Northbrook Street, Newbury
The pedestrianised Northbrook Street

The opening of the Great Western Railway to the north of Newbury effectively killed the coaching trade. Having been approximately midway on the Bath Road from London, Newbury became something of a backwater market town, with an economy based largely on agriculture and horse-racing. In the 1980s, British electronics firm Racal decided to locate their newly formed telecommunications company Racal Vodafone (later Vodafone UK) in the town. In the subsequent decades Newbury became something of a regional centre for the high-tech industries, and the town has since enjoyed a return to general economic prosperity.

Greenham Common

RAF Greenham Common runway
Greenham Common in the late 80s

A large Royal Air Force station was established during the Second World War at Greenham Common on the edge of the town. In the 1950s, it became home to US Air Force bombers and tankers, for which it was equipped with the longest military runway in the United Kingdom. In the 1980s, it became one of only two USAF bases in the UK equipped with ground-launched nuclear-armed cruise missiles, causing it to become the site of protests by up to 40,000 protesters and the establishment of the Greenham Common Women's Peace Camp. With the end of the Cold War, the base was closed, the runway was broken up for use as fill material in building the Newbury bypass, and much of the area was restored to heathland.


Newbury and surroundings
View of Newbury and surroundings from Donnington Castle

The Civil Parish of Newbury consists of the town and the suburbs of Wash Common, the City, West Fields, East Fields and Speenhamland. The modern conurbation of Newbury, however, with close bus and road links and almost contiguous development, may be taken to include the surrounding villages of Speen, Donnington, Shaw and Greenham.

Elevations vary from a minimum of 72m above mean sea level to 122m at Wash Common. Elevations reach 150-200m in the directly adjoining hills.

The River Kennet and the Kennet and Avon Canal flow east through the centre of the town to reach the Thames at Reading, while the River Lambourn (beside which is the country's largest horse-training paddocks in the Valley of the Lambourn Downs) partly forms its northern boundary, ending in the town. A tributary that is smaller still, the River Enborne, forms the southern boundary (and also the county boundary with Hampshire). Adjoining the town's south-eastern border is Greenham Common and the famous Newbury Racecourse. Newbury is surrounded on three sides (north, west and south) by the North Wessex Downs Area of Outstanding Natural Beauty. The downland to the south rises steeply out of the river valley providing scenic views, including Watership Down (made famous by the novel of the same name), Beacon Hill, the southeast's highest point Walbury Hill, and Combe Gibbet.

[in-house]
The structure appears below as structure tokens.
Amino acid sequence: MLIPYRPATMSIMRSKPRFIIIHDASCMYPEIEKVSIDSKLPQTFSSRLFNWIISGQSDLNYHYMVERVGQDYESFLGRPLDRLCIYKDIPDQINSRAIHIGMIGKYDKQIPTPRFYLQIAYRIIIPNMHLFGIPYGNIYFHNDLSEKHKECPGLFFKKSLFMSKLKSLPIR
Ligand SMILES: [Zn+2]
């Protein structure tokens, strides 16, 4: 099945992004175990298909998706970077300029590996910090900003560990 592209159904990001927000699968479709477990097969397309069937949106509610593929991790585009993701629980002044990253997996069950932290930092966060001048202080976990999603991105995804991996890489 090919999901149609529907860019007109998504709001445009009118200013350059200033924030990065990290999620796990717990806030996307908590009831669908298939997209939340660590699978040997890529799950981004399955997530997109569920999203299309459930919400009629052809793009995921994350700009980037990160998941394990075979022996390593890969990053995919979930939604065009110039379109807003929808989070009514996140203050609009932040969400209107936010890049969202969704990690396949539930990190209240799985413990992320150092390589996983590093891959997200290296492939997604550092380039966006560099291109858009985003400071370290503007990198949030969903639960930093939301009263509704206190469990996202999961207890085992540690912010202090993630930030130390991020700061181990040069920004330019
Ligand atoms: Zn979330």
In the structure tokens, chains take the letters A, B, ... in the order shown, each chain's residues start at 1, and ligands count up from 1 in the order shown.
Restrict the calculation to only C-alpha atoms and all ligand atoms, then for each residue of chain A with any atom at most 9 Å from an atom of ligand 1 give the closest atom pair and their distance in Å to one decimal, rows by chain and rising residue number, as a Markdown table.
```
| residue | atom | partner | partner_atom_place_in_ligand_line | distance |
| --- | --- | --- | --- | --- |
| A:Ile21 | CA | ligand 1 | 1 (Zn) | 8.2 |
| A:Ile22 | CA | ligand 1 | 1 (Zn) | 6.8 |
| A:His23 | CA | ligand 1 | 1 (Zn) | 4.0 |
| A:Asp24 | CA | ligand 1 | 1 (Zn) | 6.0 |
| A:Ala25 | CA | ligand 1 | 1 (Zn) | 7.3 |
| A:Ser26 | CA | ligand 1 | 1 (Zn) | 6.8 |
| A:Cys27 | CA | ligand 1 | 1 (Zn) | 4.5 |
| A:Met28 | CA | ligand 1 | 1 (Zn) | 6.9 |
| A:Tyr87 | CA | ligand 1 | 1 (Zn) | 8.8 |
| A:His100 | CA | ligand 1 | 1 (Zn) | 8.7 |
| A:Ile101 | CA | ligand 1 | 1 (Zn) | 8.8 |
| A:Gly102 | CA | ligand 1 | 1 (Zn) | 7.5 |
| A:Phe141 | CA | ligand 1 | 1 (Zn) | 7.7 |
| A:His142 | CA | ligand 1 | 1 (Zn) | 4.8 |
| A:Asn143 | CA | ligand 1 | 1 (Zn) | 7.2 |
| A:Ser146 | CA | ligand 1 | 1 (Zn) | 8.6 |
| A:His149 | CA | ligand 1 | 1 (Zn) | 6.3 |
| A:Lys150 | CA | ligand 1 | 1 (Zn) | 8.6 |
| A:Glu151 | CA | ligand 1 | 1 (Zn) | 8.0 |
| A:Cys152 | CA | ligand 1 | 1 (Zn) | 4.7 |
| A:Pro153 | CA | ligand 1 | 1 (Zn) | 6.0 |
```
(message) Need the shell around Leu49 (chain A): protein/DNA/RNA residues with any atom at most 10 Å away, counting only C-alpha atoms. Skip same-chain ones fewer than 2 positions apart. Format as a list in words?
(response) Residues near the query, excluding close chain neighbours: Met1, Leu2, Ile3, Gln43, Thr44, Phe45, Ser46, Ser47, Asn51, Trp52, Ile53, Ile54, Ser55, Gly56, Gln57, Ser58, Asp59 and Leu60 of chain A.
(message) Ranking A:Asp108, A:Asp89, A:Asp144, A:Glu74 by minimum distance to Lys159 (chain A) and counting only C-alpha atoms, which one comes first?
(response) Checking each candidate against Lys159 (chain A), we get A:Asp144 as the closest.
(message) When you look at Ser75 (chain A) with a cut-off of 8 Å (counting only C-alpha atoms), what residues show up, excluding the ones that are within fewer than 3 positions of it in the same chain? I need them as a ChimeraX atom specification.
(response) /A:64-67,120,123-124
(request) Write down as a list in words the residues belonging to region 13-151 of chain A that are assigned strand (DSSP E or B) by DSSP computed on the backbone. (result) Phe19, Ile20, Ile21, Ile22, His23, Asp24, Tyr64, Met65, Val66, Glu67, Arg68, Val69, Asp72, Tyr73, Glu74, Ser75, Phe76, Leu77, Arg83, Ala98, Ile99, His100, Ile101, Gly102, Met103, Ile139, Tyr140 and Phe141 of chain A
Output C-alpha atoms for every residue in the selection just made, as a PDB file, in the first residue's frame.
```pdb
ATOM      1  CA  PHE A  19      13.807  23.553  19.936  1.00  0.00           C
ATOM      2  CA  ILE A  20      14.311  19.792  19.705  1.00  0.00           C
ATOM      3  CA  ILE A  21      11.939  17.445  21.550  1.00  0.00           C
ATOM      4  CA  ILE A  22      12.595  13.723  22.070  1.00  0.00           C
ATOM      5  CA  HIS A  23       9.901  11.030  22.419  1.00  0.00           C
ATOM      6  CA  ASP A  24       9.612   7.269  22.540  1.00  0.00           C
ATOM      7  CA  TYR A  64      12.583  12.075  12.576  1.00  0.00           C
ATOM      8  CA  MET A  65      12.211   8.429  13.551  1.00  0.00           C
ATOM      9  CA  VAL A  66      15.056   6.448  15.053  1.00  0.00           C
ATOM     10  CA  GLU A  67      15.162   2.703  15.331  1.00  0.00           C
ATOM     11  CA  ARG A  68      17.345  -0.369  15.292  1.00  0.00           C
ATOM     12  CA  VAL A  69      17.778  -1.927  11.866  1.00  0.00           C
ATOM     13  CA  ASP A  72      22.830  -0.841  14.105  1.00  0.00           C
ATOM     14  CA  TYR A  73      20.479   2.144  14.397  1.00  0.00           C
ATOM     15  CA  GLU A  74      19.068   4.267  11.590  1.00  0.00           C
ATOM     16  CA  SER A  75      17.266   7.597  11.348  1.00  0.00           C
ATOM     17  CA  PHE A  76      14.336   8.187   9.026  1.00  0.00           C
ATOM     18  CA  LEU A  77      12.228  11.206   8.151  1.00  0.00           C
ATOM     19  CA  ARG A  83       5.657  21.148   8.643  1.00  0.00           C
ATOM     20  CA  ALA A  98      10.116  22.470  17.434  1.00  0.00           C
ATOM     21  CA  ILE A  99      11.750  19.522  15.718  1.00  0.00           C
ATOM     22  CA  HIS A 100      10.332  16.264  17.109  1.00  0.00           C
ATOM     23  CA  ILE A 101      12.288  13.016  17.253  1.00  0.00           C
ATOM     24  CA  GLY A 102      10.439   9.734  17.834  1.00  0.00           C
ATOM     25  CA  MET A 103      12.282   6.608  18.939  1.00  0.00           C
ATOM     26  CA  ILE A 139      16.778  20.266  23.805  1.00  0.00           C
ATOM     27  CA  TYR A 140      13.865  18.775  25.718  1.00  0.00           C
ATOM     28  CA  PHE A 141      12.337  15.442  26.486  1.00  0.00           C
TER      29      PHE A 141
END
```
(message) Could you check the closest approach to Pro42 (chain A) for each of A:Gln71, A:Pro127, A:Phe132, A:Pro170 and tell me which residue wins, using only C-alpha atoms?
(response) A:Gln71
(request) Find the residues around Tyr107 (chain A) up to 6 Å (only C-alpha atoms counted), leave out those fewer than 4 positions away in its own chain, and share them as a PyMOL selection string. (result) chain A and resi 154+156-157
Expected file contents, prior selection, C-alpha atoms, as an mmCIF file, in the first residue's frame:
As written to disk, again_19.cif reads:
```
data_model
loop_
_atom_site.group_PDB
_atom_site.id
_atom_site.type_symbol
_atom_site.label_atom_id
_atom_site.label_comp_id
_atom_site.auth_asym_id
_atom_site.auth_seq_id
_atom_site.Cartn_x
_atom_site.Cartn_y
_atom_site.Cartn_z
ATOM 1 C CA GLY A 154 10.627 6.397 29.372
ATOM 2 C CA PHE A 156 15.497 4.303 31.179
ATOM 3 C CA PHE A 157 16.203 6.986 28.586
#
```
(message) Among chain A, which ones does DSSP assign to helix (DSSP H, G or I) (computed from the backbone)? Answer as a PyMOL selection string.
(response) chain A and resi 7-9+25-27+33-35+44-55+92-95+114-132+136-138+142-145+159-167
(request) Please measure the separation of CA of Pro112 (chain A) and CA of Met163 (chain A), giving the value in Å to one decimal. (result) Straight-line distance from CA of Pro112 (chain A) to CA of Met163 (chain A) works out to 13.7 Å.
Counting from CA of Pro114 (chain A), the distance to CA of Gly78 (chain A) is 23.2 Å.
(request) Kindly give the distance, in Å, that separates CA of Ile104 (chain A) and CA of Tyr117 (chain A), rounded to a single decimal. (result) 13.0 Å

Newbury has two very narrowly buffered settlements, Thatcham (25,267 inh. as at 2011) and Shaw cum Donnington (1,686 inh. as at 2011) forming an identifiable, informal greater Newbury urban and suburban conglomeration. In major use classes 11% of Newbury's land is occupied by roads and as of 2005, 34% of its land was occupied by domestic gardens.

2011 Published Statistics: Population, home ownership and extracts from Physical Environment, surveyed in 2005
Output area Homes owned outright Owned with a loan Socially rented Privately rented Other km2 roads km2 water km2 domestic gardens Usual residents km2
Civil parish 3816 4549 2589 2464 133 1.146 0.189 3.430 41075 9.9


Newbury River Kennet 27-04-05
The Kennet and Avon Canal runs through the middle of Newbury

Newbury spans the River Kennet, the valley of which has for millennia formed an important east–west transport route, served by the Kennet and Avon Canal, and the Reading to Taunton Line, one of three routes from London to West Country.

The A34, Donnington
The Newbury Bypass near Donnington
The bridge next to the Lock Stock and Barrel pub in Newbury UK
The bridge next to the Lock Stock and Barrel pub
Cheap Street in Newbury, UK
Cheap Street
Main Street In Newbury, view from the Bridge
Main Street in Newbury, view from the Bridge
Intersection between Northcroft Street, Northbrook Street and Bridge Street in Newbury, UK
Intersection between Northcroft Street, Northbrook Street and Bridge Street


Today, Newbury is served by two railway stations, Newbury and Newbury Racecourse, which both lie on the Reading to Taunton line. It was also served by the Didcot, Newbury and Southampton Railway until this closed in the 1960s.


Following a similar east–west route is the A4 road from London to Bristol, historically the main route west from London. This road has been superseded as a long-distance route by the M4 motorway which runs almost parallel and can be accessed three miles (five kilometres) to the north. Its "Newbury junction" is the Chieveley interchange at Junction 13. At Newbury this east–west route is crossed by a dual-carriageway north–south trunk road, from the major south coast port of Southampton to the industrial centres of the Midlands. Although this route was once served by the Didcot, Newbury and Southampton Railway, today it is only served by the A34 road, which now bypasses Newbury to the west on an alignment partially using the old rail route (see also 'Newbury Bypass' below).